Proof of Concept
A software developer will generate a proof of concept to determine things such as whether the chosen technology is stable or if the design can support the intended solution.
I liken this aspect of development to the initial thought process of writing the novel. This is the phase where the programmer determines if a project is feasible, or even doable. The writer goes through the same process, proving that the story is worth the effort and can be written to satisfactory depth, length, tension, etc.
The Wireframe Model:
This is a high-level, mocked-up interface of the application. It reflects the developers' interpretation of the project's requirements and provides the customers with an expectation of what the programmers intend to deliver. I equate this with all the planning, plotting and outlining an author must do in the early stages of crafting a novel.
This is the early design delivered to customers for initial approval. Much of the actual program hasn't yet been written and much of what has will be deleted. The customers saw representations in the wireframe, but with an alpha build, they can actually do things and get a feel for how the project is progressing and where it's heading. The customers' feedback then governs the project's continued direction. Critique anyone?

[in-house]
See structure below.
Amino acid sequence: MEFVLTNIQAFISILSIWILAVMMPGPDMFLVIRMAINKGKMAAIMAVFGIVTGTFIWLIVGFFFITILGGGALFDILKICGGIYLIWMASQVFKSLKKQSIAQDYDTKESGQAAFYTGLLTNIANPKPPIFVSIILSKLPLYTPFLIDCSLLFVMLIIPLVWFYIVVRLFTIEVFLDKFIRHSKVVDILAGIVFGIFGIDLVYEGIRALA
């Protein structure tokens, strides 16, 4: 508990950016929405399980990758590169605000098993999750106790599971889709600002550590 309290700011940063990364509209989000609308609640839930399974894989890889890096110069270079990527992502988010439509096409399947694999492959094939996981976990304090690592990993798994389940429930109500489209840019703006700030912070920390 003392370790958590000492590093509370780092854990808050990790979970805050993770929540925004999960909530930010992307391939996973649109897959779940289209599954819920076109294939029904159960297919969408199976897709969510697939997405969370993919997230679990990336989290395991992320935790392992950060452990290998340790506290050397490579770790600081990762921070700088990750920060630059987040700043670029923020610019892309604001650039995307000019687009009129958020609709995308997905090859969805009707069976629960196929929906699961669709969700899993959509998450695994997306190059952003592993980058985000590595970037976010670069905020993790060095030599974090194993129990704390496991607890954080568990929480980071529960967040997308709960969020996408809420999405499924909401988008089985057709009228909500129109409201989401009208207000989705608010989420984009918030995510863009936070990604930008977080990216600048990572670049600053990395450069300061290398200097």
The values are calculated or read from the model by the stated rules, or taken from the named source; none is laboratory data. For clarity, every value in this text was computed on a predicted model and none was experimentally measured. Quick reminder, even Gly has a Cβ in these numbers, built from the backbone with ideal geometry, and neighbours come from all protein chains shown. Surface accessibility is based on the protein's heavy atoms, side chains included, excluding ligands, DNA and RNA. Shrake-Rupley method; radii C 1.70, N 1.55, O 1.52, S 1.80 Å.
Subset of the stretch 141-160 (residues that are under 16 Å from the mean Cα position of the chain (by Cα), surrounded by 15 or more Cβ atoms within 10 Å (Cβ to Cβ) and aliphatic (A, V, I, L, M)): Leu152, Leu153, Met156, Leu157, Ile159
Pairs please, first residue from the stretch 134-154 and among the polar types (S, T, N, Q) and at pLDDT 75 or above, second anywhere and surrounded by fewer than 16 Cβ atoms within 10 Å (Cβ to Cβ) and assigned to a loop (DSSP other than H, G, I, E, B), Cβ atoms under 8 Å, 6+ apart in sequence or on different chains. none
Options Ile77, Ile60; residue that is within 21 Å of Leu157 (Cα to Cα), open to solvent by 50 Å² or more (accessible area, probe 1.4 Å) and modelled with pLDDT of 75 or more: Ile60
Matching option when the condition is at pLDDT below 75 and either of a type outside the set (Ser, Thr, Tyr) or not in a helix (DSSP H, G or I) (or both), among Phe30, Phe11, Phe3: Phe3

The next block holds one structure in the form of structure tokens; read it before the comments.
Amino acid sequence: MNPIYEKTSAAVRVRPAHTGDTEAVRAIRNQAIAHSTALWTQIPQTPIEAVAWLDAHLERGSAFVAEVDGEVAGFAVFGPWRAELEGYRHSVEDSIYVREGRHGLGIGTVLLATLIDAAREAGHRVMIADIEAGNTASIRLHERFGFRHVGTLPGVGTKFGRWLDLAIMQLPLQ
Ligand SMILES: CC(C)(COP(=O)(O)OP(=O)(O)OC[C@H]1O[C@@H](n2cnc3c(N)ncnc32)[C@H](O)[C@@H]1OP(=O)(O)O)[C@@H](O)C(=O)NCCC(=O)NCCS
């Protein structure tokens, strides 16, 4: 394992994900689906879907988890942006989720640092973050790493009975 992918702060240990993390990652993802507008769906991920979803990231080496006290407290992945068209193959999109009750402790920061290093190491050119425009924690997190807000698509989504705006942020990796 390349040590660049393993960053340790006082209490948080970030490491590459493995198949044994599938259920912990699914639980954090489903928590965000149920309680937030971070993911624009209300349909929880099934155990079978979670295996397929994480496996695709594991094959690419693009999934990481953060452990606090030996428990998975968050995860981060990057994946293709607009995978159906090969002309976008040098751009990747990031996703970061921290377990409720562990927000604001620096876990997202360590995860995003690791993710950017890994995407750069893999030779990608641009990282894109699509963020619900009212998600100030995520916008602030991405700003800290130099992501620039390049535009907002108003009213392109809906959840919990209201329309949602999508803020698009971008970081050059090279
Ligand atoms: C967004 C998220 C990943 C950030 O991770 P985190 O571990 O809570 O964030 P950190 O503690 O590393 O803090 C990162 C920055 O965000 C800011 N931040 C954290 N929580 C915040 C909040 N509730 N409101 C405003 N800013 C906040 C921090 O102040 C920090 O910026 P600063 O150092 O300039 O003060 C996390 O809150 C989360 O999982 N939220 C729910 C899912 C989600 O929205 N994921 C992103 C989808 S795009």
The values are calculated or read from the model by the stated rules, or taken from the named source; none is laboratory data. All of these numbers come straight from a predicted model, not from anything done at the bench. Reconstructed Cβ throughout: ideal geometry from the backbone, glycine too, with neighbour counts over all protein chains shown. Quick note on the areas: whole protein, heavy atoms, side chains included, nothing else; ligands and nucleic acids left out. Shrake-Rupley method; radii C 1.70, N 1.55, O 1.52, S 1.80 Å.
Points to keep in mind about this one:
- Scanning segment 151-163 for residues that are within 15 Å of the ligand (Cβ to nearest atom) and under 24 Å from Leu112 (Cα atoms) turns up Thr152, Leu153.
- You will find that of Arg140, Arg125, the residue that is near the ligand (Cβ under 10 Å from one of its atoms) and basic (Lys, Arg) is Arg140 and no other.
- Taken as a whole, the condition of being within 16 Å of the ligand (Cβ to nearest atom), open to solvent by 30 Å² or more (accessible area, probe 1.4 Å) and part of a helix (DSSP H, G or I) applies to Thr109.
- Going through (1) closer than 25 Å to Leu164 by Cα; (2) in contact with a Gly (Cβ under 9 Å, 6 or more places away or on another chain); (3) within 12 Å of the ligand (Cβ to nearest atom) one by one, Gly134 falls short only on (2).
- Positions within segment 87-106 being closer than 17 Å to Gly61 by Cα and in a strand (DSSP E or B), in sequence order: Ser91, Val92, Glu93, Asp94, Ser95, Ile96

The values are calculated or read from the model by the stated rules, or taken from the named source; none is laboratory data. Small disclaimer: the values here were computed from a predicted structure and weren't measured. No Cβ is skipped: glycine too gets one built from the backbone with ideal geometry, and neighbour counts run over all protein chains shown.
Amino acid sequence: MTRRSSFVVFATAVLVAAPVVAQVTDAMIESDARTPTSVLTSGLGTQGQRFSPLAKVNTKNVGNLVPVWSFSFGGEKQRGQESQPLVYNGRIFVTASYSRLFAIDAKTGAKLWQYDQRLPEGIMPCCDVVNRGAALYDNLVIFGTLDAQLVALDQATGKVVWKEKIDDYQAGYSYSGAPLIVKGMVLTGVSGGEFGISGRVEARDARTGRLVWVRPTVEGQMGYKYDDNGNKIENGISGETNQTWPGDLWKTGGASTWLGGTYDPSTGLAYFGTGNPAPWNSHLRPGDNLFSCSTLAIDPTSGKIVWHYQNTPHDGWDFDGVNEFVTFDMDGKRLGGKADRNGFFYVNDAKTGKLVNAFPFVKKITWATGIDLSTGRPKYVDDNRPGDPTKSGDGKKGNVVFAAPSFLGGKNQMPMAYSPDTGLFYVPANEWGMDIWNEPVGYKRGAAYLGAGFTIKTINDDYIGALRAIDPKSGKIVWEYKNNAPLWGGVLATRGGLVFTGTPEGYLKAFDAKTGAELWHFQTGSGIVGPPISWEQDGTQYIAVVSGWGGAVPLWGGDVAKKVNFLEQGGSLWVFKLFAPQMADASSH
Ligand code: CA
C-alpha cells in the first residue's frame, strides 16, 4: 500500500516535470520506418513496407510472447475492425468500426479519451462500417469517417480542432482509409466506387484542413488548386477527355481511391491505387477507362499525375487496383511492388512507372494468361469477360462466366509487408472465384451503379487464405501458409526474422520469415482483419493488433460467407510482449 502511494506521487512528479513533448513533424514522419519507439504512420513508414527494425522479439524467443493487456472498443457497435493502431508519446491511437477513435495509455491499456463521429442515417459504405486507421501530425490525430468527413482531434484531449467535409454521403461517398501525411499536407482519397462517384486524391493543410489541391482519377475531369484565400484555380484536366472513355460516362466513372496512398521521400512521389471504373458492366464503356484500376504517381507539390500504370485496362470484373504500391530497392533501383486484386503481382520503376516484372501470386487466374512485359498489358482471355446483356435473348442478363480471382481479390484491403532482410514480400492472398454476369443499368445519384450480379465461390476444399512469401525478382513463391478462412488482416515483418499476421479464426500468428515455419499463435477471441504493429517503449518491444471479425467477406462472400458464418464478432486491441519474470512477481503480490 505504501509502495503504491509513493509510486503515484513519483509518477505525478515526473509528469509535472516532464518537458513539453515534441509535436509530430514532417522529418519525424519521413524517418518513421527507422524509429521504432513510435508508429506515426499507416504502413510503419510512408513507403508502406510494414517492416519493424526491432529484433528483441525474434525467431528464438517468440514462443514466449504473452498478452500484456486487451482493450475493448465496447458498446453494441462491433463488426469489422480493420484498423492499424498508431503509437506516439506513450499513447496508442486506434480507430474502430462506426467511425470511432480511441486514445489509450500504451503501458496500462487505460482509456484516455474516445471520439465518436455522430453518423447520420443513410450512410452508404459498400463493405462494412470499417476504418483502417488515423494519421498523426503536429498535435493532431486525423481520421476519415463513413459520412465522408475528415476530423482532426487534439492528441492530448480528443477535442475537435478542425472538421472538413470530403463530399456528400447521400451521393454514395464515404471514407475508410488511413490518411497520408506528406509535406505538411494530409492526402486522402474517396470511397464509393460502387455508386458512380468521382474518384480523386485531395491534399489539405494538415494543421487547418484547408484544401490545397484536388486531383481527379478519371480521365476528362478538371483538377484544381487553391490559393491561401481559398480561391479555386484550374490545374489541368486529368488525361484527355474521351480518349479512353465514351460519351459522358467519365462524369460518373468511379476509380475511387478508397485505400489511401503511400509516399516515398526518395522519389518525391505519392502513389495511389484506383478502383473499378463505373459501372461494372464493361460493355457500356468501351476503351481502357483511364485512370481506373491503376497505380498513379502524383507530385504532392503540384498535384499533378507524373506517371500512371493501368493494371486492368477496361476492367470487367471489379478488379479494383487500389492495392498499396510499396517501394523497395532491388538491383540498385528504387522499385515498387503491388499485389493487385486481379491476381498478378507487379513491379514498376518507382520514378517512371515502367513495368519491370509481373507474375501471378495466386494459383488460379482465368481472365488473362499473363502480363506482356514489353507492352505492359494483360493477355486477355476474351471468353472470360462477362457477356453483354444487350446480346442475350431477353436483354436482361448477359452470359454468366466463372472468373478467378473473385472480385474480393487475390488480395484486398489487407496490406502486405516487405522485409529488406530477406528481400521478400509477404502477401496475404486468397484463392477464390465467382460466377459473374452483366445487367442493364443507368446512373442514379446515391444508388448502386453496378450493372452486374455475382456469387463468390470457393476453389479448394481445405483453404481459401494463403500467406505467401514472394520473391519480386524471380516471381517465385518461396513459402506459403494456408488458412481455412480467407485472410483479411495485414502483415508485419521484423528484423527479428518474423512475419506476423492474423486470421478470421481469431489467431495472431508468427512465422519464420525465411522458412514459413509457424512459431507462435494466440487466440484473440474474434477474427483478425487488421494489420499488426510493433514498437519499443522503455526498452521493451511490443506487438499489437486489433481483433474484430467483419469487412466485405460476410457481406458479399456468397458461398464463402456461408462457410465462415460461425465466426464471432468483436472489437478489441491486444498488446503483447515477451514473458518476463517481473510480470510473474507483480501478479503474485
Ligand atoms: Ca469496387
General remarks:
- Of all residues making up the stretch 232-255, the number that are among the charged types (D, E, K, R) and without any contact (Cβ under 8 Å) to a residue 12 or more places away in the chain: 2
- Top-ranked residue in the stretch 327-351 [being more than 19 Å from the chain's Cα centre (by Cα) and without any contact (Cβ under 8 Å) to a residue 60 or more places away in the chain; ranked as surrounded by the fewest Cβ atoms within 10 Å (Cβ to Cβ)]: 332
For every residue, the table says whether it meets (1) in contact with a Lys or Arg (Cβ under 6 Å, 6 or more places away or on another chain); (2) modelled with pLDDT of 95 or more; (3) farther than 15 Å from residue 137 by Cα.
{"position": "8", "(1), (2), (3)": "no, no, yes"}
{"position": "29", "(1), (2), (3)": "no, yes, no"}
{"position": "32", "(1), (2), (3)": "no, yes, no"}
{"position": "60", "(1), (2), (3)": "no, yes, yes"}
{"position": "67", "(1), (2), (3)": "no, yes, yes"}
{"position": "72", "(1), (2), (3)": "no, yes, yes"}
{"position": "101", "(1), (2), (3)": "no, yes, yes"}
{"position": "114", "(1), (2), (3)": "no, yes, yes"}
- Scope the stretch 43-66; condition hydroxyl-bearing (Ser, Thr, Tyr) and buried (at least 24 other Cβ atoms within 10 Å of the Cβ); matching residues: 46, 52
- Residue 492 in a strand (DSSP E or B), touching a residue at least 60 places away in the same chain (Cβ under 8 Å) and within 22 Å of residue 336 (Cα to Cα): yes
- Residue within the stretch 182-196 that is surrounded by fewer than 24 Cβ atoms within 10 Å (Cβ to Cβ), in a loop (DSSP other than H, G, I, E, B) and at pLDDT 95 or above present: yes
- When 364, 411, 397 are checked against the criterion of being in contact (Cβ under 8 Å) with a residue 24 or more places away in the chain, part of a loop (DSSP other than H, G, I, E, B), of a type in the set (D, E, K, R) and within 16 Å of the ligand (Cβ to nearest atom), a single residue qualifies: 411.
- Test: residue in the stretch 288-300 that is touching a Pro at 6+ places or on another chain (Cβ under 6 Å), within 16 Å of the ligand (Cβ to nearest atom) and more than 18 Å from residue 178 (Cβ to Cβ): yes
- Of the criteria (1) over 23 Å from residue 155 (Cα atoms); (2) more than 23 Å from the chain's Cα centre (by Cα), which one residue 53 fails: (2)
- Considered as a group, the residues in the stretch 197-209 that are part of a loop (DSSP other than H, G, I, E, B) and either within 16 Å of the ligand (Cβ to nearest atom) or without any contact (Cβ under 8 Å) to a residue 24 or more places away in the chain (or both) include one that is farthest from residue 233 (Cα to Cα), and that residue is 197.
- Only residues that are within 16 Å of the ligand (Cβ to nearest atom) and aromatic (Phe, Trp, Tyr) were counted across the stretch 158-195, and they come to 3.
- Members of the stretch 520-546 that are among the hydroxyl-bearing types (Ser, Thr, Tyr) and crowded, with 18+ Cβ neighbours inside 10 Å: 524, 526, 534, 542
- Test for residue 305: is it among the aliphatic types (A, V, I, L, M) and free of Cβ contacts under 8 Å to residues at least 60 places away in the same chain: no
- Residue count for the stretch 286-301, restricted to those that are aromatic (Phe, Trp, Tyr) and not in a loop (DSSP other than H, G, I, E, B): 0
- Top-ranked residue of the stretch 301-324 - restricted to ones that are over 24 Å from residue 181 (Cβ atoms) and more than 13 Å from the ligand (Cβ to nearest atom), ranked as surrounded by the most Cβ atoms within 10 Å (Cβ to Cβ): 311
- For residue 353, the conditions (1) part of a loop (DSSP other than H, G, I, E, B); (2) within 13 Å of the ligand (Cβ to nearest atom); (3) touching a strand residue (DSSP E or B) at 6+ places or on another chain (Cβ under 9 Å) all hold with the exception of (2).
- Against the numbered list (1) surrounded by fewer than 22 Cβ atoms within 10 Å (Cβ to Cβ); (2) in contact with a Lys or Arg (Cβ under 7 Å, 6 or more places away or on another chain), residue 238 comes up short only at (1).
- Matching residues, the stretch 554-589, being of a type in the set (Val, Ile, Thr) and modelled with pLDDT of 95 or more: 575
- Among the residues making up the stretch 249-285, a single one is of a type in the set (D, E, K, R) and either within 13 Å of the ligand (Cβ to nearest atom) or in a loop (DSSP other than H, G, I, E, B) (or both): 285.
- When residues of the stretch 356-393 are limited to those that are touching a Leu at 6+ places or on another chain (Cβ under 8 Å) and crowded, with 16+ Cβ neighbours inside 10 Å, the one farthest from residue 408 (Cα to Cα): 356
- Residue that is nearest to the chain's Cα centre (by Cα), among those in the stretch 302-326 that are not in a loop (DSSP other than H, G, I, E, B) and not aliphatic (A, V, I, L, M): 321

At this stage, the programmers have taken all the feedback the customers provided and integrated it into a fully fleshed system. All the major functionality is there. Things should work--as expected. People reading a novel at this stage of development should be able to provide more finely tuned suggestions. "I was bored in this chapter" or "the pacing was a little off in this section" is the type of feedback I'd expect here.
Developers have a love-hate relationship with QA because their purpose is to verify that everything works, right down to the mouse pointer's behavior. They'll catch the the typographical errors in dialog boxes and point out that things aren't centered or aligned properly. I find this similar to line edits and proofreading.
We're ready to submit! At this stage, manuscripts are in the hands of agents, sitting in a slush pile or are being self-published. The programmer has incorporated each stage's feedback and produced a polished system. The author has also taken feedback from each stage and produced a polished novel.
Then we programmers either begin developing the next software application or enhancing the one just deployed. (Upgrades!) For writers, that's either the next great novel or a sequel to the one just deployed.
Did you have any idea you had so much in common with us nerdy, geeky types?